Erik Darling: Looks okay so far – a little blurry.

Chris Hyde: Is that having an effect?

Erik Darling: It’s a little screechy on the audio.

Chris Hyde: I’ll go ahead and stop it here then. So I kind of like that music because it adds a certain gravitas to the presentation that maybe is a departure from the previous tone.

What I did want to point out here – maybe there’s a screenshot here where it’s more full – and you can see that that distribution, it looks a lot like the bell curve that we looked at here. But there’s a couple of differences, it’s taller in the middle, it falls off more steeply, more quickly to the sides. It’s still symmetrical about the mean, but because it does have a different profile, the mathematics are a little bit different.

The Math Behind the Model

Now, I’m going to jump over into our studio, and let’s talk a little bit about some of the mathematics behind this, so we’ve got a context. First off, we’re going to use these binomial functions here; so let’s get some help on that. Let’s get help on the one called rbinom. And it shows up here on the right, and we can see that we’ve actually got four different functions here. We’ve got dbinom, pbinom, qbinom and rbinom.

Dbinom will give us an exact percentage chance; like what’s the chance of getting two heads out of throwing five coins, for example. The rbinom lets us generate that random data, so it lets us throw those five coins. The P is a little like the D except it gives us range probabilities…

Erik Darling: You’ve got the GoToWebinar window popped up in front of some of your stuff there.

Chris Hyde: I’m not having fun with that. is that still there?

Erik Darling: Yes. The best thing to do is dock it off to the side, then it at least disappears for all of us.

Chris Hyde: Okay, there we go, much better.

So the pbinom, instead of saying like what’s the chance of two out of five heads, it’s what’s the chance of more than two heads? Or what’s the chance of two heads or less? The qbinom flips that around, like what’s the 90th percentile chance of if you throw five coins, what’s the 90th percentile, what’s the 75th percentile of how many heads do you get?

Now, you’ll see the arguments for these look pretty similar. Size is there, probability is there, and we’ll see that was we go through, looking at the examples here. We re-dock and go back. So when you use that rbinom, the example I mentioned – take one fair coin, so size equals one. It’s fair, so probability if 50/50. And there’s five of them, so toss five coins, and we can see down the bottom here we get four heads. So it’s more than we’d expect, but it’s going to happen sometimes. Let’s take those ten coins, they’re still fair coins – well, it’s ten coins instead of five, let’s toss them – sorry, ten coins instead of one; toss them five times and count up the number of heads.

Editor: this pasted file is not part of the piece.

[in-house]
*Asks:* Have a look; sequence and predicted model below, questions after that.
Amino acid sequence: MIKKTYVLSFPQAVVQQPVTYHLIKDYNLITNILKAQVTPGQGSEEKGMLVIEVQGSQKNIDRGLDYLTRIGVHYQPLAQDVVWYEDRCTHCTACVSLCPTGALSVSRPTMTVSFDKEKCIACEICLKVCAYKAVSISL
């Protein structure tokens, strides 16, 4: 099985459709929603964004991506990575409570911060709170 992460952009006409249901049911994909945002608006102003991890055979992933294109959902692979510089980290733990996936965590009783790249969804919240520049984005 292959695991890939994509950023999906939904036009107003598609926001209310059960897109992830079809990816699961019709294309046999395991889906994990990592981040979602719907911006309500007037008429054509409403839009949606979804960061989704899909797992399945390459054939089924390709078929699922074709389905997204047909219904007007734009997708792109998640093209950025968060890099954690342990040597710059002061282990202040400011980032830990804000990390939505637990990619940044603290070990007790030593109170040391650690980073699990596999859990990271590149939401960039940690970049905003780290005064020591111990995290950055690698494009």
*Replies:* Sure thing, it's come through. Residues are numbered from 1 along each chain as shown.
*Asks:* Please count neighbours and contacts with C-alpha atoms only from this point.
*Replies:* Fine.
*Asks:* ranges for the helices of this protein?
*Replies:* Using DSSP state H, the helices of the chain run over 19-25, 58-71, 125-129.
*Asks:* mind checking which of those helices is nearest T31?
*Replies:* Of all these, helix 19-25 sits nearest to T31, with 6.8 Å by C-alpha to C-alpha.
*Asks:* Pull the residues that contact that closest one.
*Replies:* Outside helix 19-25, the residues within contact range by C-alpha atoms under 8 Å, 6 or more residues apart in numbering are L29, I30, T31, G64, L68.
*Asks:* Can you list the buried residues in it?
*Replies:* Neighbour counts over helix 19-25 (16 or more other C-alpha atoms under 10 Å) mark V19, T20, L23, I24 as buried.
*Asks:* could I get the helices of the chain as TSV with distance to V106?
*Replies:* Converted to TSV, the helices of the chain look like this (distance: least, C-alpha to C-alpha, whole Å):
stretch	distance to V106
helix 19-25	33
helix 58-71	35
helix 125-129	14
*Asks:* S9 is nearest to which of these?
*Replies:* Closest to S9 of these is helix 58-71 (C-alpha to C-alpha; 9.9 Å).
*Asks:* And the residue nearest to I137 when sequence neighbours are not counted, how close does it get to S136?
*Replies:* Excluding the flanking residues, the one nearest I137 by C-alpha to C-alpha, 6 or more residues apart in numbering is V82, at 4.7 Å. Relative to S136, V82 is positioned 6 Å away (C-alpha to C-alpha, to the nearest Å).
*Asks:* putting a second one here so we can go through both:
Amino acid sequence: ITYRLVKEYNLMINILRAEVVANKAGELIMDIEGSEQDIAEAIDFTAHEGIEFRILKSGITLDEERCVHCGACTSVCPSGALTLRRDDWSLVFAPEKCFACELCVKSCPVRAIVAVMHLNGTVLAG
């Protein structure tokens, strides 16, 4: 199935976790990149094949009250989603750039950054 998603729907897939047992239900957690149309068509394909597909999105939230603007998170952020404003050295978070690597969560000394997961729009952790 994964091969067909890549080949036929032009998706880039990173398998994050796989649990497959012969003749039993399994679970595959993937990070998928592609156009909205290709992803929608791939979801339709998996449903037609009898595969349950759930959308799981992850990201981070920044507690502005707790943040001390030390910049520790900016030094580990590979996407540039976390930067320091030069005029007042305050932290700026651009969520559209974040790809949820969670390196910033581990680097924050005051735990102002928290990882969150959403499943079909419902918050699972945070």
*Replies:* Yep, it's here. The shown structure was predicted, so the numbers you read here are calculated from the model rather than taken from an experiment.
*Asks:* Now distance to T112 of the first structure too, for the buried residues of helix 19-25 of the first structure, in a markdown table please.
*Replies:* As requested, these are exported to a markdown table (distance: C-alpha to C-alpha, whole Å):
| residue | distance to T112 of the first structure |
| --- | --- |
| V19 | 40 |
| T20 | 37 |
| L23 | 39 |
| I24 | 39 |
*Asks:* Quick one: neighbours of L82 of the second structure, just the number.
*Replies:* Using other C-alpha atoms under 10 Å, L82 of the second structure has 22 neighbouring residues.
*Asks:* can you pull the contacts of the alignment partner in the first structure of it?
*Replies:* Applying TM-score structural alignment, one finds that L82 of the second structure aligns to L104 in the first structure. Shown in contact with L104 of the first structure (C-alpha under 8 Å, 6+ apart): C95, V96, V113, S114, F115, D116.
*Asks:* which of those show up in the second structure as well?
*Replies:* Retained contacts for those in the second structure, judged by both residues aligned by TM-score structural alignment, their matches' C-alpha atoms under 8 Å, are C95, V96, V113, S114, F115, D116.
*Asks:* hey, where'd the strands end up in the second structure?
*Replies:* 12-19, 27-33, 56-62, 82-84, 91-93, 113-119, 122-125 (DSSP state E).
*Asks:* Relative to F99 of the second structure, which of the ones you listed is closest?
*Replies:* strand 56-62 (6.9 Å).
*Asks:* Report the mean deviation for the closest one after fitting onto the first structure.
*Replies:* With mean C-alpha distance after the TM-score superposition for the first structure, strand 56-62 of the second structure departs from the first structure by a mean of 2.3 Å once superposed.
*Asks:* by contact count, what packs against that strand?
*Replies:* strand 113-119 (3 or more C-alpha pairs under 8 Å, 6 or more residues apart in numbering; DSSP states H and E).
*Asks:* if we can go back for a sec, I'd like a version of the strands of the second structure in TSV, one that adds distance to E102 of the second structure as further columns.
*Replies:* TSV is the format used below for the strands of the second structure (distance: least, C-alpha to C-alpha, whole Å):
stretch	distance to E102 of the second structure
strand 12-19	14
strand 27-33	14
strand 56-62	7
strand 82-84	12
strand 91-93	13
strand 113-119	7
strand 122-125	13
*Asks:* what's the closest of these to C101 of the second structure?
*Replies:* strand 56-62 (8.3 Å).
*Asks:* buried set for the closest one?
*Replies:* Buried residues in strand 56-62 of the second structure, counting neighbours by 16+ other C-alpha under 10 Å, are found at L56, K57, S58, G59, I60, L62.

And we see five, sixes and sevens for the most part. Now, we could do this a whole bunch of times, 1000 times, or we can do it 10,000 times and do a quick graph of what that looks like. There we go – so that looks like our binomial distribution, but this is coins, how does that apply to our patients?

Well, just as in summing up, we summed up the number of heads – heads was one, tails was zero – we’re going to do the same thing with our patients. If they show up, it’s a one. If they don’t show up, it’s a zero. Now, this is a 50/50 coin, if it’s a fair coin. If our patients only show up at a 50/50 rate, we’re not going to be in business very long.

So it’s a little more fair, let’s see, we’ve changed the probability here to 70% instead of 50%. Let’s see how that effects the graph. And we see it starts skewing to the right, but the peak is, that we’d expect, seven out of ten.

Applying the Models to Overbooking Dr. McCoy

Now let’s really apply this to our data and let’s look at Dr McCoy’s. so in the data that I ran earlier, in the report that we should have seen in SSRS, we would have seen that 10.5% of his patients don’t show up. Now let’s see – that’s like a coin that comes up heads 89.5% of the time. He sees 16 patients a day. Let’s see what 10,000 days in his career would look like. And we see it’s very heavily skewed. Maybe one out of every six days, everyone shows up. And nearly one out of every three days, only one person doesn’t show up for him.

Now, here in our business, we’ve decided we’re going to pick a threshold of 90%. And what we’re going to say is we’re going to overbook. But even with overbooking, we don’t want extra patients sitting around 90% of the time. It’s okay to have extra patients, one or two sit around 10% of the time, but that 90% of the time, even though we’ve overbooked, we don’t want extra patients sitting around.

Now, we can see graphically here, 90%, or the top 10%, comes in right about here, a third of the way down this 16 bar. So we can kind of see graphically, we can’t overbook for Doctor McCoy, unfortunately; without breaking our business rule. Let’s look at some of the percentages and let’s see that numerically. I’m going to turn off scientific notation, and we’re going to use the dbinom to see what percentage of the time – 89.5%, what’s the percentage chance that 15 out of the 16 show up? That’s 31.7%, so it fits in with what we saw on the graph. Now let’s use our sequence operator here, the 16 to zero, and see complete percentages for everything from 16, 15 all the way down to zero patients showing up; which would be a really bad day.

Erik Darling: Morbid day, even.

Chris Hyde: That’s right. Maybe they all took the Titanic to their appointment that day.

We can see this kind of fits with what we saw on the graph; about one out of every six times, everyone shows up here. That’s the 16.8% there in the top left, so on down to – it’s a vanishingly small chance that nobody shows up. So that’s kind of telling us numerically, “Hey we can’t overbook for Doctor McCoy as well.

Bottom Line: You Still Gotta Know Math